I’ve been listening to the new Jenny Lewis album non-stop since it came out, and the title track “The Voyager” ostensibly pays homage to the famous space program that includes the probe which took a picture of the “pale blue dot” that Carl Sagan later made famous:
I seriously don’t understand it. Vice‘s Dave Schilling attended the Atheist TV launch party and slammed it for being a channel for those who “love hearing the sound of their own voice.”
As if Christian televangelists and political pundits everywhere do it purely for the benefit of the audience…
His whole piece was like that — a vessel for snark with very little substance.
A Christian Response to Fifty Shades of Grey: Reviewing Pulling Back the Shades by Dannah Gresh & Dr. Juli Slattery
The trailer for Fifty Shades of Grey is out, and at my day job as a bookseller (all opinions are mine, not my employer’s, etc), I’ve seen more copies of that book go across the checkout desks this past week than I’d like to admit. It’s having a surge in popularity and people are eagerly anticipating the Valentine’s Day 2015 release of the film.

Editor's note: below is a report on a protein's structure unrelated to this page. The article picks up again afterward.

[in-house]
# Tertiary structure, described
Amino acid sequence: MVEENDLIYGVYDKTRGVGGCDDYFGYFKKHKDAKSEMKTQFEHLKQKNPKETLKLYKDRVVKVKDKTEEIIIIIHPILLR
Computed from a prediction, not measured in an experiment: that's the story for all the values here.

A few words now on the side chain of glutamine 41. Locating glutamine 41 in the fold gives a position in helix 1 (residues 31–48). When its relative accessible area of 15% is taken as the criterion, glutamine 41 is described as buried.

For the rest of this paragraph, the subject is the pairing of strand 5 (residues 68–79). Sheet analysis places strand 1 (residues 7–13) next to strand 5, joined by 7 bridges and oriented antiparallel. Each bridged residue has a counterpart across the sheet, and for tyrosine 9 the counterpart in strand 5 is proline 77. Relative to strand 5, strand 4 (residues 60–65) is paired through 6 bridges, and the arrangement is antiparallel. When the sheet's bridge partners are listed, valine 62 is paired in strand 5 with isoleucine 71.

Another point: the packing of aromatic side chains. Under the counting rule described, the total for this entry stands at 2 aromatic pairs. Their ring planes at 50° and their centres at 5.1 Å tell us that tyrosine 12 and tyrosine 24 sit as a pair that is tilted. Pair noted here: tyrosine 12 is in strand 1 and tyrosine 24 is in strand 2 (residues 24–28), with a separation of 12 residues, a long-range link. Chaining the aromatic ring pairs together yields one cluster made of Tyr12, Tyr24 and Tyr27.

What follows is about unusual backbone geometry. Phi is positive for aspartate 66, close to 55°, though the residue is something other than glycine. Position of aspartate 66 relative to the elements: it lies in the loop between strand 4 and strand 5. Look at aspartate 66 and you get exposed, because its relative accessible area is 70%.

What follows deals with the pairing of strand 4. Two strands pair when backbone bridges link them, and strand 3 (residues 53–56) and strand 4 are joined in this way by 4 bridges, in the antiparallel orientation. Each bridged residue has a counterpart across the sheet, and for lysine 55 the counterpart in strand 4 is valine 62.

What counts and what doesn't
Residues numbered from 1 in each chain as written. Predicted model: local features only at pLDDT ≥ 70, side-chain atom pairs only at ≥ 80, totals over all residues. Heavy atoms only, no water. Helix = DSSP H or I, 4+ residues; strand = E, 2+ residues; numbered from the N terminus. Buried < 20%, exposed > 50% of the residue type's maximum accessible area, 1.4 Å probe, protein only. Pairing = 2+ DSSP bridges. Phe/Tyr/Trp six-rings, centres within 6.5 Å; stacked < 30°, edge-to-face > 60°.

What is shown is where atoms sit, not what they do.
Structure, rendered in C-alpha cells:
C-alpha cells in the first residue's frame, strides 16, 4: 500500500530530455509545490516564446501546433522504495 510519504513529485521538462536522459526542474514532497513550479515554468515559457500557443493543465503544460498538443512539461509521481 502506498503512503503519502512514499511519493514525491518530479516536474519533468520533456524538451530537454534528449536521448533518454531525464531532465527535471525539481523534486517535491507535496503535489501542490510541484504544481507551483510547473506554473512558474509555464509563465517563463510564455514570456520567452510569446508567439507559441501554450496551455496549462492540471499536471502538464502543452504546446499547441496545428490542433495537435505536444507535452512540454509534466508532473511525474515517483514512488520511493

I tried to read the series when it first came out and made waves, but I couldn’t get past the first half of the first book, in which logic and consent disappear in favor of all manner of impossible things before breakfast and abuse grooming techniques. There is very little in the plot’s setup that makes sense, and there is even less that is representative of a safe, ethical, average BDSM relationship.
But there are better places to go for reviews of the controversial series. I’m here to review a book that takes on the idea of erotica from a mainstream evangelical Christian perspective.
Pulling Back the Shades is written by Secret Keeper Girl founder and purity culture expert Dannah Gresh and Dr. Juli Slattery, a Christian psychologist with close ties to Focus on the Family. It’s the Christian purity thought leaders’ response to mommy porn, and they have a lot to say.